Big opportunities for lentil growers
GroundCover™ Issue: 14
A leading international lentil breeder has told Western Australian growers that the development of lentil varieties suited to WA conditions will improve yields and cater for a promising new export market.
For the past four years pulse breeders have been evaluating lentils in work supported by growers through the GRDC. Victorian varieties have now been adopted by 20 WA growers.
But William Erskine, a lentil breeder from the International Centre for Agricultural Research in the Dry Areas (ICARDA) in Syria, said the Centre's access to international collections of genetic material enabled it to cross-breed lentils tailored to specific parts of the world.
"This means we can produce a small-seeded, early flowering lentil variety more suitable than the Victorian varieties for WA's short growing season and dry climate,'" Dr Erskine said.
WA pulse agronomist, Kadambot Siddique, said ICARDA had provided WA with lentil germplasm that was yielding 40-90 per cent more grain than the Victorian varieties in early trials.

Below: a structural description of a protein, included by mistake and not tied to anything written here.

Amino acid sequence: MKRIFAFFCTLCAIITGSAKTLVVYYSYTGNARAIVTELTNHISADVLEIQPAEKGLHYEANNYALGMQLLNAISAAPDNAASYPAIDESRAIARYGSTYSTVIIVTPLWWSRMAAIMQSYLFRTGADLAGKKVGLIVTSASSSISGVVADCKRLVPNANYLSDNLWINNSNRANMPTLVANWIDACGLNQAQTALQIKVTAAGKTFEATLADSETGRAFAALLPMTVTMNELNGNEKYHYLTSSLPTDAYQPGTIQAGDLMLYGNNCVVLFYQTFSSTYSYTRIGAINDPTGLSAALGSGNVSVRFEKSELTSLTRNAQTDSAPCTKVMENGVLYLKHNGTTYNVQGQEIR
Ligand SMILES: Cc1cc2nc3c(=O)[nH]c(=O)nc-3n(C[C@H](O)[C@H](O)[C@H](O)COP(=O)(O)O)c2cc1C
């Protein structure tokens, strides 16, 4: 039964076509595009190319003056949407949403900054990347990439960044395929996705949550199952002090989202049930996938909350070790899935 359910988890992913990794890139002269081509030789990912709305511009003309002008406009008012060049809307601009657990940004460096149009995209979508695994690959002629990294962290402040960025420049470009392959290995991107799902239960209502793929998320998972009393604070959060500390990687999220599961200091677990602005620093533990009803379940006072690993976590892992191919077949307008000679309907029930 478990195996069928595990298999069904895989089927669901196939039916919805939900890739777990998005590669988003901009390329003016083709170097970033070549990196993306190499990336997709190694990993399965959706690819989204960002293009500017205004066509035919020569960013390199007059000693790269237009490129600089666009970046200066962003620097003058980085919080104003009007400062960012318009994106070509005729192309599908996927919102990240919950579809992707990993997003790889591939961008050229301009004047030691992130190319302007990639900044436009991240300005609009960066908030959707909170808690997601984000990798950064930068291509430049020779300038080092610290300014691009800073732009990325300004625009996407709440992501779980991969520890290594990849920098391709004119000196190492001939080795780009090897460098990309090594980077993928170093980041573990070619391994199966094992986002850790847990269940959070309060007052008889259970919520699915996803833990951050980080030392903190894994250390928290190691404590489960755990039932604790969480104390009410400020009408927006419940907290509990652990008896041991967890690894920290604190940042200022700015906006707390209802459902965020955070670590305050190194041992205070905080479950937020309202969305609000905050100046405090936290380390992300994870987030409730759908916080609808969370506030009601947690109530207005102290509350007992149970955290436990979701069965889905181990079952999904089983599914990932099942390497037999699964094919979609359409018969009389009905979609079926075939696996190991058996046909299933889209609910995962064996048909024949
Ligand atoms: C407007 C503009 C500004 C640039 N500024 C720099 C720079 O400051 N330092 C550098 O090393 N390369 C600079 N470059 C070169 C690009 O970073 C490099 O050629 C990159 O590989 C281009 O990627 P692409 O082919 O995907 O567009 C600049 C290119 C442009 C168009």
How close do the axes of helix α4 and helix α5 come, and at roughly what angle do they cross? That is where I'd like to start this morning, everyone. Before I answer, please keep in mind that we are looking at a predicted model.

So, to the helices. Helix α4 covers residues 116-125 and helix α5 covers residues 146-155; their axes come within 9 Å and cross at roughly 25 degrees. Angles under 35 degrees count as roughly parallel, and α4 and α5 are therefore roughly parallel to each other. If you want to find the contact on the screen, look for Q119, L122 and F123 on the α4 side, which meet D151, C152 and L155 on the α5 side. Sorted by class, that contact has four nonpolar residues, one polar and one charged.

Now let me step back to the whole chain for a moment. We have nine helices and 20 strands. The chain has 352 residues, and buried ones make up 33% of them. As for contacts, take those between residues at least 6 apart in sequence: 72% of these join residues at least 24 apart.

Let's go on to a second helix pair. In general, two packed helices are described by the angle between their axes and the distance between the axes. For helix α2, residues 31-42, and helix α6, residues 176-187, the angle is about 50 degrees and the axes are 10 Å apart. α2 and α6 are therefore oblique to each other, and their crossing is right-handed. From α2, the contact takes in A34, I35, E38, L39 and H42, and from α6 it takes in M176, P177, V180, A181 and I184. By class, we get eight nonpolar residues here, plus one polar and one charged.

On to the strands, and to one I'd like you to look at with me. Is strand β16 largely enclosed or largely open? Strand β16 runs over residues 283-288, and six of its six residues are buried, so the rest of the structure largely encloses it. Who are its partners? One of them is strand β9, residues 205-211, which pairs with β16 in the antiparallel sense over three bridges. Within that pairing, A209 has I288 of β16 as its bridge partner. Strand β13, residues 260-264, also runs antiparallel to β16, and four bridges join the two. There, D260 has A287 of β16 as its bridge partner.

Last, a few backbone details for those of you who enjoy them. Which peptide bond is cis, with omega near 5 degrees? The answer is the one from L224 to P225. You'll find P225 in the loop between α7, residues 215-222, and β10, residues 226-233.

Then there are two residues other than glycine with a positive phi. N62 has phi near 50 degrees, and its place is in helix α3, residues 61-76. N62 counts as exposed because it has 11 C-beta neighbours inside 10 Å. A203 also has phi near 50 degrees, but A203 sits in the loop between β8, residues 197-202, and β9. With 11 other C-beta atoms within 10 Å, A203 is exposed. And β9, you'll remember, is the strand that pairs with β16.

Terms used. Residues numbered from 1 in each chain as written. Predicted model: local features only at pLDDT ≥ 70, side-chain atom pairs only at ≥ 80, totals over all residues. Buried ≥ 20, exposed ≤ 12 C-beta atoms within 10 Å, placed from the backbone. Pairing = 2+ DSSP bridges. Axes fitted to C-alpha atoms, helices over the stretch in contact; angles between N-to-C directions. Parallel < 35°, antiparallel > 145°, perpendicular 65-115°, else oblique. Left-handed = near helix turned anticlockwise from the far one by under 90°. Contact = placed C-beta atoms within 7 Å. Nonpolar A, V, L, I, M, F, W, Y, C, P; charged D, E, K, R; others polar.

High-value cash crop
"Lentils are a high-value cash crop and are currently selling for about $425/t," Dr Siddique said. He said the 1995 average yield was 1.1 t/ha in WA, which makes lentils equally profitable to wheat.
"Australia's biggest potential export market for lentils is the Indian subcontinent, where pulses are the major protein source for the subcontinent's mostly vegetarian 1.2 billion people. Demand in this region is greater than supply," Dr Siddique said.
"WA growers are in an ideal position because they are capable of producing high-quality lentils before cereal crops are harvested, and delivering them when demand is high.
Break for disease
"Growing lentils in crop rotations is advantageous for growers because legumes break disease cycles, increase soil nitrogen and contribute to improved cereal yields and protein contents," Dr Siddique said.
The RDC is currently funding further research into projects on disease resistance and management in vetch, lentils and Lathyrus.
Subprogram 2.4.06 Contact: Dr Kadambot Siddique 09 369 3493